Vietnam shares have managed respectable gains this year, but it isn't clear whether expectations of solid economic growth will translate into another leg higher.
The economic outlook certainly appears fairly bright.
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"We see Vietnam achieving its impressive macro mix target of 6.2 percent growth and below 5 percent inflation in 2015," Deutsche Bank said in a note, although it highlighted some concerns over debt overhangs and risks from China's economic slowdown.
Shares have responded positively as well, with the VN index up nearly 13 percent so far this year, after rising around 22 percent in 2013. But the index is down around 10 percent from its September peak.
It isn't clear if the positive economic picture will translate into continued stock gains, especially amid concerns over whether the market's structure is really ready for prime time.
For one, fund managers are concerned about the implications of Mondelez International buying an 80 percent stake in a subsidiary of listed Kinh Do Corp., a deal flew under the radar of restrictions on foreign ownership.
"It makes absolutely no sense where you have a market where you can buy 100 percent of the assets of a listed company by those assets being put into a subsidiary, but only 49 percent of a listed entity. What's the point of a listed entity," asked Kevin Snowball, CEO of PXP Vietnam Asset Management. "There is a danger that if they allow these subsidiary takeovers, the market essentially becomes a way of advertising wares for sale."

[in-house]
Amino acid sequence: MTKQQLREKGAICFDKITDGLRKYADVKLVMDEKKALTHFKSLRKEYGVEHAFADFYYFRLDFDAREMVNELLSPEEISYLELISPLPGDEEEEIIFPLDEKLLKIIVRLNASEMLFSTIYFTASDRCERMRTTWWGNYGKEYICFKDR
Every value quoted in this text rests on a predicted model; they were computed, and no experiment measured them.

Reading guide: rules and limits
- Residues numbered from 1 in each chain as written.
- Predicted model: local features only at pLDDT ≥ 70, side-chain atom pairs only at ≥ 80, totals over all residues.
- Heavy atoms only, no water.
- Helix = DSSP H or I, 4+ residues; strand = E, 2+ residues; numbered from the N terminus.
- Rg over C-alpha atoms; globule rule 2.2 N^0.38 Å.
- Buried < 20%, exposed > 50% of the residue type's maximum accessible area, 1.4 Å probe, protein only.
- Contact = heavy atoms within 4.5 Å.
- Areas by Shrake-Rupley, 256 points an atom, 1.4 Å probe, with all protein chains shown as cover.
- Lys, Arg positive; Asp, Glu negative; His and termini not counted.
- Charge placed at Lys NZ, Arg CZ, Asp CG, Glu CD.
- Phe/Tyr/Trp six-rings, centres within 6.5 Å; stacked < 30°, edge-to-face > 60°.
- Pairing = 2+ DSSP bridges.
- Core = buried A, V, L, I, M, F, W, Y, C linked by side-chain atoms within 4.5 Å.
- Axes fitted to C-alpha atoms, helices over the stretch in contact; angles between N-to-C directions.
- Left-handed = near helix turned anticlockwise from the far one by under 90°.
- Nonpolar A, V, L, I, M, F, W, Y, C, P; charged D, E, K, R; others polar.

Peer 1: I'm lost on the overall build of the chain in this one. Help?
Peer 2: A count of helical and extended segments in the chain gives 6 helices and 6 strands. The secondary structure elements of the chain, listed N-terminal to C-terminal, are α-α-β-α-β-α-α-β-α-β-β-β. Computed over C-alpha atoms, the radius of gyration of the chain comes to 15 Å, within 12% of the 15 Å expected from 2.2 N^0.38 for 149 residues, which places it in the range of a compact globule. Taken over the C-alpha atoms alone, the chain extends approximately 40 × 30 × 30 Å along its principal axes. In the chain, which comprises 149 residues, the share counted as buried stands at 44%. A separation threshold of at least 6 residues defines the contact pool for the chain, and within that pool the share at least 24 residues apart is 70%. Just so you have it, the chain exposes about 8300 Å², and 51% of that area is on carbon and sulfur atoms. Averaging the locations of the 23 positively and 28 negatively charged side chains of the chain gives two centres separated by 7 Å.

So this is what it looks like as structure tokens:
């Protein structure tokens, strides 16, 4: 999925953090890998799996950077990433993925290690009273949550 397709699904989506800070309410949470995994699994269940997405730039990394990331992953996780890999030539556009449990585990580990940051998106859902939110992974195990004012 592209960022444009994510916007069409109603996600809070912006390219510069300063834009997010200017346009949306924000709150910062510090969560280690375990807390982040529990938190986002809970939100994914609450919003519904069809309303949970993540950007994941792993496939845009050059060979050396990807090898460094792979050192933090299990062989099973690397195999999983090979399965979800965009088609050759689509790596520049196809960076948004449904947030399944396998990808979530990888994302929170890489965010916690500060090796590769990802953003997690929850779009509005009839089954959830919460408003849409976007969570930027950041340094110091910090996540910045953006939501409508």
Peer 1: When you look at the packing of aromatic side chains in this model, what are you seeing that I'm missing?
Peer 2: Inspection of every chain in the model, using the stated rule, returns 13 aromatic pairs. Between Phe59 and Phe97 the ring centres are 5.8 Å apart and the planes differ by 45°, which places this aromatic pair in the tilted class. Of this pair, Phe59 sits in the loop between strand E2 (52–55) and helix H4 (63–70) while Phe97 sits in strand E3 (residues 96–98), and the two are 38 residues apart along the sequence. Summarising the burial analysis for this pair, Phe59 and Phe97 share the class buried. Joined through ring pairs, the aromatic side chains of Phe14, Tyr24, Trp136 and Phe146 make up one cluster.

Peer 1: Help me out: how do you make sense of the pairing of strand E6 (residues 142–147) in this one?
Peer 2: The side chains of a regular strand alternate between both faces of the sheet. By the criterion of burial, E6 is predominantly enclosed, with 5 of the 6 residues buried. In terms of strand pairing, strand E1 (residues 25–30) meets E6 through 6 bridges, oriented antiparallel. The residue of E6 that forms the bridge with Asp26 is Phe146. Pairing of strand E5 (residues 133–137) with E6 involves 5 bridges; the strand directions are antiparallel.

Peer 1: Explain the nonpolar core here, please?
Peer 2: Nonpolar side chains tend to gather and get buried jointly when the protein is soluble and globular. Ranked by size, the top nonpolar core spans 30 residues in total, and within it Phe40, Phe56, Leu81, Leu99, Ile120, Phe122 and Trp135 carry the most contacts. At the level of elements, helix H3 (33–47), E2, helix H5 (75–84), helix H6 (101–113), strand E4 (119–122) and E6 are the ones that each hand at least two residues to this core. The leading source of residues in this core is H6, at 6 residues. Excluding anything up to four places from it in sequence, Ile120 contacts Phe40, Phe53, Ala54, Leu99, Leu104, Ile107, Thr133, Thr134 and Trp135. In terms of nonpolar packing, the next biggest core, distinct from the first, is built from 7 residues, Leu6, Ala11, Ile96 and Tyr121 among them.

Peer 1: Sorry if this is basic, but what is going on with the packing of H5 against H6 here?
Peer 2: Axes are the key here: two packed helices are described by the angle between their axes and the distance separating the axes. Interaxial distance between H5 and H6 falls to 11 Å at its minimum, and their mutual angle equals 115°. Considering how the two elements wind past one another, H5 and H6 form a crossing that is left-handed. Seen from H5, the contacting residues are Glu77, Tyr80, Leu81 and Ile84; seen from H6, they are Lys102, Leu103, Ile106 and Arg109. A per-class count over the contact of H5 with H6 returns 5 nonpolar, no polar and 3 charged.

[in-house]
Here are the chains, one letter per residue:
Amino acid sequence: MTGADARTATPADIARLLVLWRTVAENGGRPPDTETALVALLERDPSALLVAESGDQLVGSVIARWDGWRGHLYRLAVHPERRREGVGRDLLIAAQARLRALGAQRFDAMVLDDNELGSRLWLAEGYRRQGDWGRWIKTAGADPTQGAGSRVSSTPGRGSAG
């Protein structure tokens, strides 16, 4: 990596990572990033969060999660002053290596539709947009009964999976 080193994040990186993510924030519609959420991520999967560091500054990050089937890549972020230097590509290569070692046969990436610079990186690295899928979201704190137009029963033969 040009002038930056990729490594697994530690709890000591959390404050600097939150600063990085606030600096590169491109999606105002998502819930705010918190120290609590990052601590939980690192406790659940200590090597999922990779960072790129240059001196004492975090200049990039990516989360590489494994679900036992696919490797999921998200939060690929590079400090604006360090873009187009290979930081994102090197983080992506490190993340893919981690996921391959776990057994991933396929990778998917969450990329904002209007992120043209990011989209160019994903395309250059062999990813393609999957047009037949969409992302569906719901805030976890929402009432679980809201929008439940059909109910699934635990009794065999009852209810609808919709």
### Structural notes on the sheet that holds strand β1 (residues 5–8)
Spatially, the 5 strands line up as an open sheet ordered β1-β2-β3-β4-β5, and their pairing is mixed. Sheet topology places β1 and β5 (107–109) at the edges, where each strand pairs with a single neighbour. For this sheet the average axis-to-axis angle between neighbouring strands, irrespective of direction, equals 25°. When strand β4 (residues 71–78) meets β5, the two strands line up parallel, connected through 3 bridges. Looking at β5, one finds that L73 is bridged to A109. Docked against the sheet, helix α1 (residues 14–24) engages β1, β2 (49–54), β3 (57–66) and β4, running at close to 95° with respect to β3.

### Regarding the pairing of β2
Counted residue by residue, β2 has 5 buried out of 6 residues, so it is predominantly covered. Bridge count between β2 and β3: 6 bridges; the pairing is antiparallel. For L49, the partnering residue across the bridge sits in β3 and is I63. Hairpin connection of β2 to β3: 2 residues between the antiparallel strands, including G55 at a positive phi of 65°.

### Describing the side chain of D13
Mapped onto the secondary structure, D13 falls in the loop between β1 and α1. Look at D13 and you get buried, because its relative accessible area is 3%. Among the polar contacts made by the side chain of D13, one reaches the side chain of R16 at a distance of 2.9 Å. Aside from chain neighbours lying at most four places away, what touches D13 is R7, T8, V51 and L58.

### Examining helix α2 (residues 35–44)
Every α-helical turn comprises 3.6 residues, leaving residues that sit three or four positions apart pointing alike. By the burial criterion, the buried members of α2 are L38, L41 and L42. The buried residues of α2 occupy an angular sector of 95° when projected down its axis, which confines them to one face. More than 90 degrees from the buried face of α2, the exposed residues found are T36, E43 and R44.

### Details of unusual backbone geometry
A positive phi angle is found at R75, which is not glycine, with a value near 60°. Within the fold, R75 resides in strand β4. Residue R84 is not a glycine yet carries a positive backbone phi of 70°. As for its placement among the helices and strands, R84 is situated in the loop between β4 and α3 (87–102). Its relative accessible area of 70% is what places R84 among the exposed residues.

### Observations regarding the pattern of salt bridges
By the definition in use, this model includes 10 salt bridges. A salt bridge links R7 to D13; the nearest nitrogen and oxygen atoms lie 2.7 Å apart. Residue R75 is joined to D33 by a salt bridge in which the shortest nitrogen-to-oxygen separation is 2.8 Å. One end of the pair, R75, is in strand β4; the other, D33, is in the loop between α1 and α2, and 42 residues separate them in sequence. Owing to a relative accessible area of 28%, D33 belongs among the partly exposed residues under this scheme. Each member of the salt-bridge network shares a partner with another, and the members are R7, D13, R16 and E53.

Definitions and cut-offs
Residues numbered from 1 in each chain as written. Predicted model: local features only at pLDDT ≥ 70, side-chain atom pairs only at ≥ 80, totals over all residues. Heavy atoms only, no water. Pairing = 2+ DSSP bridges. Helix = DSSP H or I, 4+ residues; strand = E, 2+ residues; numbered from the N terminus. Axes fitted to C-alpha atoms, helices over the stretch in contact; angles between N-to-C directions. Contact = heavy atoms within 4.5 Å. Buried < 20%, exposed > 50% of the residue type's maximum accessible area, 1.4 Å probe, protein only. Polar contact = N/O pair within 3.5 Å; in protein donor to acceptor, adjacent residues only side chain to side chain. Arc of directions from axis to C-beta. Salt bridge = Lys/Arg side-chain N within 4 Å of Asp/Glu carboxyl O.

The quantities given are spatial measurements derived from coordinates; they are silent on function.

Snowball is also concerned that plans to list state-owned enterprises are proceeding slowly and at elevated pricing.
In November, Vietnam Airlines raised around $51.3 million in an initial public offering planned since 2008. Not only was the offering only around 3.5 percent of the company, but the bulk was purchased by two Vietnamese banks, with no foreign institutional investors participating. The shares aren't expected to begin trading on an exchange until around March.
"If they want [the stock market] to be more than an alternate casino for retail punters, then they need to foreign institutions more involved because there is no local institutional investor base to speak of," Snowball said. "Increasing supply via some successful and sensibly priced IPOs and increasing access to foreign investment [is needed to] become a more serious market."
The concerns are keeping some institutional investors out of Vietnam.
"Vietnam at this point in time is still very much a private equity market. It's still not ready for institutional investors," said Jalil Rasheed, director for Southeast Asia at Invesco, citing difficulties including how long it takes to settle trades and getting approval to swap currency.
Like Snowball, Rasheed is also concerned that the market doesn't have enough stocks available.
"The top ten stocks make up about 80-90 percent of the index and they're largely state-owned enterprises," Rasheed said, adding corporate governance isn't up to the standards of much of Southeast Asia.
There's another factor which could weigh on Vietnam's shares: it's an oil producer. Since this summer, Brent has fallen from above $115 per barrel to around $66.08 in Asian trade Tuesday, with many oil analysts predicting prices will continue to slide.
PetroVietnam Gas, the largest company by market capitalization, has been leading the market down recently, Snowball said.
—By CNBC.Com's Leslie Shaffer; Follow her on Twitter @LeslieShaffer1